People often ask us for conversational English on this blog. They want to learn the sort of phrases that they can use to chat informally with friends. Of course, we can chat about so many different subjects, it’s hard to know which particular areas of the language to look at. However, one thing that we all need from time to time is the language for starting a conversation with a friend that we haven’t seen for a while.
The following are all used as friendly, informal questions between friends who have just met again, having not seen each other recently:
How are you doing?
How’s it going?
How are things (with you)?
How have you been?
The positive reply is usually Good, thanks, often followed by a similar question. In the UK people may say Yeah, good, thanks, and in the US people may say Real good, thanks. (You might notice that the grammatically correct Really well, thanks is not used very much in informal spoken English.)
If the two people haven’t seen each other for a long time, one of them often mentions this next. They say I haven’t seen you for ages, I feel I haven’t seen you for ages, or It seems like ages since I last saw you. The friend might reply Yes, it’s been a while.
A natural next step is to show interest by asking What have you been doing recently? Note the tense: the present perfect continuous, used for recent activities that are still continuing. The answer often includes the same tense:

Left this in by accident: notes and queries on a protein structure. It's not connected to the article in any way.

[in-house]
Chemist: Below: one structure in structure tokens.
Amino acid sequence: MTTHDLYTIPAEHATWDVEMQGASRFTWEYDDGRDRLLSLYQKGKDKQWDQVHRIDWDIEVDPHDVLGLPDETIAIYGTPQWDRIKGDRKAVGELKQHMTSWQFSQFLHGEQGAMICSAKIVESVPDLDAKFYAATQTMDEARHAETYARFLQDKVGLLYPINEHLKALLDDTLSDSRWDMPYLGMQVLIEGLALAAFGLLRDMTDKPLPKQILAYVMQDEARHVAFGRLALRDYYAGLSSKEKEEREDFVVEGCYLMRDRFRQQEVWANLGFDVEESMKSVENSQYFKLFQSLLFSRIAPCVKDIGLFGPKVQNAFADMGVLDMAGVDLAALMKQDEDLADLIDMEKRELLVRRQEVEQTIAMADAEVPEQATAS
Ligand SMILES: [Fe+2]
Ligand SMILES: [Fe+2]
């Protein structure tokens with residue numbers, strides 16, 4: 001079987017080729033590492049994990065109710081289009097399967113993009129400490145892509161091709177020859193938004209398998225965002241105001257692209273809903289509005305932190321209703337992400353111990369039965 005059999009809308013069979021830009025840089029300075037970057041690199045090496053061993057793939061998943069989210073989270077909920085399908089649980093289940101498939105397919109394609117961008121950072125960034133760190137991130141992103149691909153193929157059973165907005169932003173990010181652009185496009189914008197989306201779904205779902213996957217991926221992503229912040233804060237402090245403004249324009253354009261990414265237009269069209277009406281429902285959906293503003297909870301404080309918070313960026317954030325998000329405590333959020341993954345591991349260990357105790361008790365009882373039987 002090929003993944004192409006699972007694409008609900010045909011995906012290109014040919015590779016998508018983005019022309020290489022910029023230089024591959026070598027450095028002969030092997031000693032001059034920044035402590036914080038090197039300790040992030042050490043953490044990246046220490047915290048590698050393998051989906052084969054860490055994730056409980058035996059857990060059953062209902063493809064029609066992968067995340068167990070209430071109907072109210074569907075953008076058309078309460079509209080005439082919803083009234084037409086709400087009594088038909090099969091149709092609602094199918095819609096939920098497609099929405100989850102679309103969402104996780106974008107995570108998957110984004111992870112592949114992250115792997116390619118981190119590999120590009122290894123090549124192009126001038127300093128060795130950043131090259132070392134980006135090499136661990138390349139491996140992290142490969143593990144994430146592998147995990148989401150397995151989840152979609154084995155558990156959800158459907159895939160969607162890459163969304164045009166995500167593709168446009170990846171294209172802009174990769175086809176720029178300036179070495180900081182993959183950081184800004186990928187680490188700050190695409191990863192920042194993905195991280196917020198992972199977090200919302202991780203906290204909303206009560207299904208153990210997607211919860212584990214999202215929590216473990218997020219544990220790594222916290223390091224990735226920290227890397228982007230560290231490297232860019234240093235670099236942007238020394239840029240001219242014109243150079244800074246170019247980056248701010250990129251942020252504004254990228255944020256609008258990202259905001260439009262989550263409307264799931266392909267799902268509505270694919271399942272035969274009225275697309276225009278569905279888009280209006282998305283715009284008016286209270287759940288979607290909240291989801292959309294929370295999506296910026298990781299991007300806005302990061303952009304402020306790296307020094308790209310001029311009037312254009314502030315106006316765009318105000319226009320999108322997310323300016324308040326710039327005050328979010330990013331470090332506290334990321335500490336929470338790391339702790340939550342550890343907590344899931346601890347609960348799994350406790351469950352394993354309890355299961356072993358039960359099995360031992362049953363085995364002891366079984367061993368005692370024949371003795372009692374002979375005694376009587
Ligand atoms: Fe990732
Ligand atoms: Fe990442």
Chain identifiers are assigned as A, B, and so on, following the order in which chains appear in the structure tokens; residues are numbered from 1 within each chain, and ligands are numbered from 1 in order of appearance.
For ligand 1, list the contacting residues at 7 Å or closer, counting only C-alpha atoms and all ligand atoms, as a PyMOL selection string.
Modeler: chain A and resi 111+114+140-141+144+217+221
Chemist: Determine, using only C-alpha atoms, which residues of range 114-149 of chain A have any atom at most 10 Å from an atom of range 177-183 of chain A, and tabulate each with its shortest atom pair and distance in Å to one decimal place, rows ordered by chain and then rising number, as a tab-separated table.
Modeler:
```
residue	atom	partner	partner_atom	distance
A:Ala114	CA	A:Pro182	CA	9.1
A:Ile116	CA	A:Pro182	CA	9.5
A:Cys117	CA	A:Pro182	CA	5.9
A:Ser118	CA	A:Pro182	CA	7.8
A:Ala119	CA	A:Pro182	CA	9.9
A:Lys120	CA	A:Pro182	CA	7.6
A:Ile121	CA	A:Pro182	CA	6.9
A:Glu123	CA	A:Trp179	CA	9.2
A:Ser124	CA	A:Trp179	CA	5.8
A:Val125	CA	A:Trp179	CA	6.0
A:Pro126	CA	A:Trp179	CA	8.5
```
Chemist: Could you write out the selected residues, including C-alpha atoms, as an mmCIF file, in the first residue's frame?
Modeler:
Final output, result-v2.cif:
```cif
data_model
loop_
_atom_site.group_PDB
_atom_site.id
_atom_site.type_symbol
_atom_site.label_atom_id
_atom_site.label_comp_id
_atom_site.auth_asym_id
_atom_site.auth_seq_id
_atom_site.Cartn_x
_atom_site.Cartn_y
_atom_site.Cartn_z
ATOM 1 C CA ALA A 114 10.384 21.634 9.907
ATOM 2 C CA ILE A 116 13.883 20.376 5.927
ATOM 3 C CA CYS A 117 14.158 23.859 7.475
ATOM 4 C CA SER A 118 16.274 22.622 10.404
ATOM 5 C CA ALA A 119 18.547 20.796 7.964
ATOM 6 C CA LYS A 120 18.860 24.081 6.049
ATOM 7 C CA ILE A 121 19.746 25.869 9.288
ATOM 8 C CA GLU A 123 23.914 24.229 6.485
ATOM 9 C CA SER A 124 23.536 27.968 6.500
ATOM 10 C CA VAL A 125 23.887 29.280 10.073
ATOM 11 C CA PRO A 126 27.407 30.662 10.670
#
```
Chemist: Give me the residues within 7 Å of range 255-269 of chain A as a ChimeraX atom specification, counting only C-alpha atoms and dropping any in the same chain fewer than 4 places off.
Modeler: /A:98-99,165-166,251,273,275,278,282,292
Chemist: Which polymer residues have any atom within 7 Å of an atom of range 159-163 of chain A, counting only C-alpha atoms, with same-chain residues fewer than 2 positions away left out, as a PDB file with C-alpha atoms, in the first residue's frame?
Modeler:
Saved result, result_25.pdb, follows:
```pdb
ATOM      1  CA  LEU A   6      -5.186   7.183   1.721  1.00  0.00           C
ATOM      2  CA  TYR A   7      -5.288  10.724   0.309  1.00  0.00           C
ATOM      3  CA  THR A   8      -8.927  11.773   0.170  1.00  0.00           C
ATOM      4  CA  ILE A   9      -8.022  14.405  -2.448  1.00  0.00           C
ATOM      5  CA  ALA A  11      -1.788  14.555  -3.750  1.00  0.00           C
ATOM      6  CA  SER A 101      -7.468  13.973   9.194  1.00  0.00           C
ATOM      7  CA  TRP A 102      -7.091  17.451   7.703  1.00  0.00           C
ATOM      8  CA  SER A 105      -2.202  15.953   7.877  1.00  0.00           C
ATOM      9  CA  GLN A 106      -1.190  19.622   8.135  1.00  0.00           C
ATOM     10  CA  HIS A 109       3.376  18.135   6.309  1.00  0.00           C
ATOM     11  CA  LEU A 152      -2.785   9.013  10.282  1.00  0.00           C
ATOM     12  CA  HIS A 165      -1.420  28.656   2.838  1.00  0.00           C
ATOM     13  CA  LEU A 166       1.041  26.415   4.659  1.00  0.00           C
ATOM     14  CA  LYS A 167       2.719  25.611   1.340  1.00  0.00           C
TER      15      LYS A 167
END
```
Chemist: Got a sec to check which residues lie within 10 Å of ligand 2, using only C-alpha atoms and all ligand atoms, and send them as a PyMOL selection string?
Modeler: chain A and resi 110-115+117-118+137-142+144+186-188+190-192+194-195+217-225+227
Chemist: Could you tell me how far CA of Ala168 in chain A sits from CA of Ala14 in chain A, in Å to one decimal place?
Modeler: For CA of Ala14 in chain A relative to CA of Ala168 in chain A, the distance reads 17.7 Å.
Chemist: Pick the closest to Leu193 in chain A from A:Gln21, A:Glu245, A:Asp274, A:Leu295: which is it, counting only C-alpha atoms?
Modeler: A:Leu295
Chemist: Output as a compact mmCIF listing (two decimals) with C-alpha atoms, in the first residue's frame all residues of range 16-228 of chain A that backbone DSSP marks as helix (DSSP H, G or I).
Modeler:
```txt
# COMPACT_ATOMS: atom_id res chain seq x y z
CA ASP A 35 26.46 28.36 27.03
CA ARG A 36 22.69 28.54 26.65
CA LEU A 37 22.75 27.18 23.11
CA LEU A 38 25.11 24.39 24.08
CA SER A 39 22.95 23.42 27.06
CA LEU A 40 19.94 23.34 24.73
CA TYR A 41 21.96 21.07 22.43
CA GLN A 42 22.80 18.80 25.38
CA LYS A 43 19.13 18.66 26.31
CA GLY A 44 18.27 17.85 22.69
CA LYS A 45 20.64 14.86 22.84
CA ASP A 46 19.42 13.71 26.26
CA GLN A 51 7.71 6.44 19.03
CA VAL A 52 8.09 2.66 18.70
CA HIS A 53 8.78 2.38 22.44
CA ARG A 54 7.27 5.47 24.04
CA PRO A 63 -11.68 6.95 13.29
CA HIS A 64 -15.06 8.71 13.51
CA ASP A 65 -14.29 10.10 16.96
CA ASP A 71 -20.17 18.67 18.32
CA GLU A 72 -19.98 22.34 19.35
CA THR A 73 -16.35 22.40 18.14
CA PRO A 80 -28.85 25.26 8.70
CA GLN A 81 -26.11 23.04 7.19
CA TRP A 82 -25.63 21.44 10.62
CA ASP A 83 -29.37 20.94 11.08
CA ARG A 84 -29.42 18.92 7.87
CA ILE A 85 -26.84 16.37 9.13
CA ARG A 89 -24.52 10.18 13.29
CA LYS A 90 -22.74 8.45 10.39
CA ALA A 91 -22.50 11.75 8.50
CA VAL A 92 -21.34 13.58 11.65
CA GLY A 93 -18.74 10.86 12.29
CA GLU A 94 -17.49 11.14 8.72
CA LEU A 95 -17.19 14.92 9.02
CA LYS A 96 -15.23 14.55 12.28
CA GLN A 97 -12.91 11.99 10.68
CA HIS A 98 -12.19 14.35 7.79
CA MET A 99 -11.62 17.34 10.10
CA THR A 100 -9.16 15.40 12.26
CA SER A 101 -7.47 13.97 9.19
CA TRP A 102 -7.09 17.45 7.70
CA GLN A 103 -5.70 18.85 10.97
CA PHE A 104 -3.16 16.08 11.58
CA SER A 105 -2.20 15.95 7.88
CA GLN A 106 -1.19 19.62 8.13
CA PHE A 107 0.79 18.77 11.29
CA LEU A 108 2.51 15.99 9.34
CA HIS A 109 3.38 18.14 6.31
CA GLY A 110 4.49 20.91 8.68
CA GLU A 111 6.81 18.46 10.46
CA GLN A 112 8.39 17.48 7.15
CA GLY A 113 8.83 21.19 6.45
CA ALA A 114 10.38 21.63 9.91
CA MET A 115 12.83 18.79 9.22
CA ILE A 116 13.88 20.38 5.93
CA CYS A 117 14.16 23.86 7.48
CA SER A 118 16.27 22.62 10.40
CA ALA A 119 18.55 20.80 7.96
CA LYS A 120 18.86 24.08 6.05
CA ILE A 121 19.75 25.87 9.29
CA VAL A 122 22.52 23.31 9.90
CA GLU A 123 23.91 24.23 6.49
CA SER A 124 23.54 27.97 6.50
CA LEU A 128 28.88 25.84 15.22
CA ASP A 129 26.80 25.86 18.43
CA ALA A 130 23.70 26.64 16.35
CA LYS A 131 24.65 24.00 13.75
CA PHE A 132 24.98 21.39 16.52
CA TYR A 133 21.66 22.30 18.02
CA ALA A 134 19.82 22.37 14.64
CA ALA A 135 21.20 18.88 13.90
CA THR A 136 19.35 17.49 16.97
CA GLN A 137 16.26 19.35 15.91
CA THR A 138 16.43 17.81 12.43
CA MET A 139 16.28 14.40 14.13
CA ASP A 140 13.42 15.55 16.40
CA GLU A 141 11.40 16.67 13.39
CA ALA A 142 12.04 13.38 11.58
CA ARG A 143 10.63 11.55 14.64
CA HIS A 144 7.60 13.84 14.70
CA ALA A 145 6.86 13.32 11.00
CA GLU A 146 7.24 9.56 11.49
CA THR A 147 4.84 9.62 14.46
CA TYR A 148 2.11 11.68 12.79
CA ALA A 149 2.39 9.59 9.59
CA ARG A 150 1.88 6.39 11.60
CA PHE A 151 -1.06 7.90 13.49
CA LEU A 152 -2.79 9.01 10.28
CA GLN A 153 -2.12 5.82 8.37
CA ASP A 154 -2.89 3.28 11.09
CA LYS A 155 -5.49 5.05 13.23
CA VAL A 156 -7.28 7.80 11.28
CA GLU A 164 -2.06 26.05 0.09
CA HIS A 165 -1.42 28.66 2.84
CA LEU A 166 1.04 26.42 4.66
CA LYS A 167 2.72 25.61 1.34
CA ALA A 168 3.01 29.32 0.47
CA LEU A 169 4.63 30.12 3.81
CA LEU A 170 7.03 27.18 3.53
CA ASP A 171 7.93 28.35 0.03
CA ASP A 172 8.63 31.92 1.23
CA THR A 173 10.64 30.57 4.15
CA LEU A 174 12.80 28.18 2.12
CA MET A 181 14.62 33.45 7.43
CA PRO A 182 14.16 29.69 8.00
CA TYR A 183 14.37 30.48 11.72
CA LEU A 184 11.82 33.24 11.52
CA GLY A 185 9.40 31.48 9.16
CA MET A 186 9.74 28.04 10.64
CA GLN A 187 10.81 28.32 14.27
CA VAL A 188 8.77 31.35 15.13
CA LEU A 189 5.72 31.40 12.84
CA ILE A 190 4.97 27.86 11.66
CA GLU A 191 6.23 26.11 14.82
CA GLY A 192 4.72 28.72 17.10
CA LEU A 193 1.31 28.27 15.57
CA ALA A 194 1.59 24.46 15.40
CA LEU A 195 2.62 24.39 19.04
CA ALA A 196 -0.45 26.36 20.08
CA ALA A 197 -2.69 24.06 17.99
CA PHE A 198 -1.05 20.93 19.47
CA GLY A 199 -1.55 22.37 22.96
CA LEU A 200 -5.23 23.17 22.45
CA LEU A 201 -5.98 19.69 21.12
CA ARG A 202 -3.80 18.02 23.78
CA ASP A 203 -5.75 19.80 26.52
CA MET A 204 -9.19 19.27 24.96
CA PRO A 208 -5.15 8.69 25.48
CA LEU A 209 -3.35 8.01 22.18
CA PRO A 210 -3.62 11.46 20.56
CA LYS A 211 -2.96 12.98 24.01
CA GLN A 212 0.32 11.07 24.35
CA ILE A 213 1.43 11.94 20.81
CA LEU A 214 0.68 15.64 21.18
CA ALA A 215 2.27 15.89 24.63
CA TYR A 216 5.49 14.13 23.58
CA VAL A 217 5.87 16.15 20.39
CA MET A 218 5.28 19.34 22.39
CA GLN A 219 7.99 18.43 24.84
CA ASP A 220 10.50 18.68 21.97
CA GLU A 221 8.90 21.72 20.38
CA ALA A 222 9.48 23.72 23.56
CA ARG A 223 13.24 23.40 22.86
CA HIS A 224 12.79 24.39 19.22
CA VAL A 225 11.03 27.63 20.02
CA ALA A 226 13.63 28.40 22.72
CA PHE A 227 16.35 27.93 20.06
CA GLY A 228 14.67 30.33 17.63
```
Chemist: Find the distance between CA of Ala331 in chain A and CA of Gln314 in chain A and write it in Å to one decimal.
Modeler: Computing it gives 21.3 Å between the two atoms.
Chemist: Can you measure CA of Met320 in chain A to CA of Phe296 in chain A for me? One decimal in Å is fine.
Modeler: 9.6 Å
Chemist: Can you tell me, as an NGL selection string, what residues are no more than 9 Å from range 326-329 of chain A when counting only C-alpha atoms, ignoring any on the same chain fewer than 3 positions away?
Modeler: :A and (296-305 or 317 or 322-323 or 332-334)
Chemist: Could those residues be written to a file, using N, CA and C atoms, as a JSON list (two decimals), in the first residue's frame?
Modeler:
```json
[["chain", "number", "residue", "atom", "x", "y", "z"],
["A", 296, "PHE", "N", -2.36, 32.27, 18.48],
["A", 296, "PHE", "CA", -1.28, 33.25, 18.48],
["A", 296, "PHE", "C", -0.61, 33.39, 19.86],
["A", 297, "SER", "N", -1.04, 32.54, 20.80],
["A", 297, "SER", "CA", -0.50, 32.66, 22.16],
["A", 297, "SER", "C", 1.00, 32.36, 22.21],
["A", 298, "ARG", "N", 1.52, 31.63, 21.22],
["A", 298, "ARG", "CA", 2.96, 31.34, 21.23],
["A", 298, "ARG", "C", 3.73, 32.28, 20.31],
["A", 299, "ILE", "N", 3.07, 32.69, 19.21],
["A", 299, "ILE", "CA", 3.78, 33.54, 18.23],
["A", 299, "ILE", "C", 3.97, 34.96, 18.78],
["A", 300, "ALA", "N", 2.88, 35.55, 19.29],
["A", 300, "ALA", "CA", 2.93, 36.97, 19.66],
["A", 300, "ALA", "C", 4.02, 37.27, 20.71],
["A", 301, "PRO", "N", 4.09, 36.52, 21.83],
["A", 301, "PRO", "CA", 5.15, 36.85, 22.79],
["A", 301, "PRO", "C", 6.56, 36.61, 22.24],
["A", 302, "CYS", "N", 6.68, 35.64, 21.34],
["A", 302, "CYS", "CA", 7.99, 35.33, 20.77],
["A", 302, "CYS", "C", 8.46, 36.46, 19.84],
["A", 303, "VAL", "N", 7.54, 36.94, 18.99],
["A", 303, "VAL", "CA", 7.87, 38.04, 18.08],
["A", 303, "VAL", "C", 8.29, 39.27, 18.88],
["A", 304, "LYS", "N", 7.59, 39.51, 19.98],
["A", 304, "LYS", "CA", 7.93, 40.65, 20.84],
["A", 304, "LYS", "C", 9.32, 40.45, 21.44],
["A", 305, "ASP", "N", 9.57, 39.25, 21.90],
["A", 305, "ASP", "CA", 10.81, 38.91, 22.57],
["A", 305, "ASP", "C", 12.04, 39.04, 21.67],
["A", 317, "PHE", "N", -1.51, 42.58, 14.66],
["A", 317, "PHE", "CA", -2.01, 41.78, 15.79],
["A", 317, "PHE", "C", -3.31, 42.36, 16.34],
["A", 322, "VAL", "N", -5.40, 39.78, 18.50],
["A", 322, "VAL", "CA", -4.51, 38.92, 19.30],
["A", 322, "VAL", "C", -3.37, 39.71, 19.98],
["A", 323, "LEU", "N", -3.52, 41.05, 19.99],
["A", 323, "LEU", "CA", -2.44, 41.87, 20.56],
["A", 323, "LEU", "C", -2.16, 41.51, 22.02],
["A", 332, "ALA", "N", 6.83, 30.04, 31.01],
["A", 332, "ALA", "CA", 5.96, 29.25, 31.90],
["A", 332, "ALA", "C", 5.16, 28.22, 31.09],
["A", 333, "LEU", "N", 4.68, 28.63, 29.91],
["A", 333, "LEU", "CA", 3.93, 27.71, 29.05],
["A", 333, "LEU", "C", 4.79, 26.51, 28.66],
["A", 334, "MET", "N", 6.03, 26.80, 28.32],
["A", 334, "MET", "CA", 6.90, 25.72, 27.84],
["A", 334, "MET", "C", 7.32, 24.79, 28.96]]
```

So what have you been doing recently?
Actually, I’ve been travelling (UK)/traveling (US) a lot.
I’ve mainly been working.
A more informal question with the same meaning is So what have you been up to recently?
So what have you been up to recently?
Not much, actually. I’ve been too busy studying.
The person replying often asks the same question, sometimes with the shorter, How about you?
Again, to show interest in the other person’s life, one of the friends might refer to the last time they met or spoke, mentioning something that was happening in the other person’s life at that point:
The last time I saw you, I think you were about to start your course.
The last time we spoke, you’d just started your new job.
It is natural to follow this with a question about that situation:
So how’s the course/job going?
So is the course/job going well?
Another question for asking about a particular situation is How are things at…?:
So how are things at work?
So how are things at home? How are your parents?
By now, the two friends have caught up (=heard each other’s news) and they may move on to other subjects.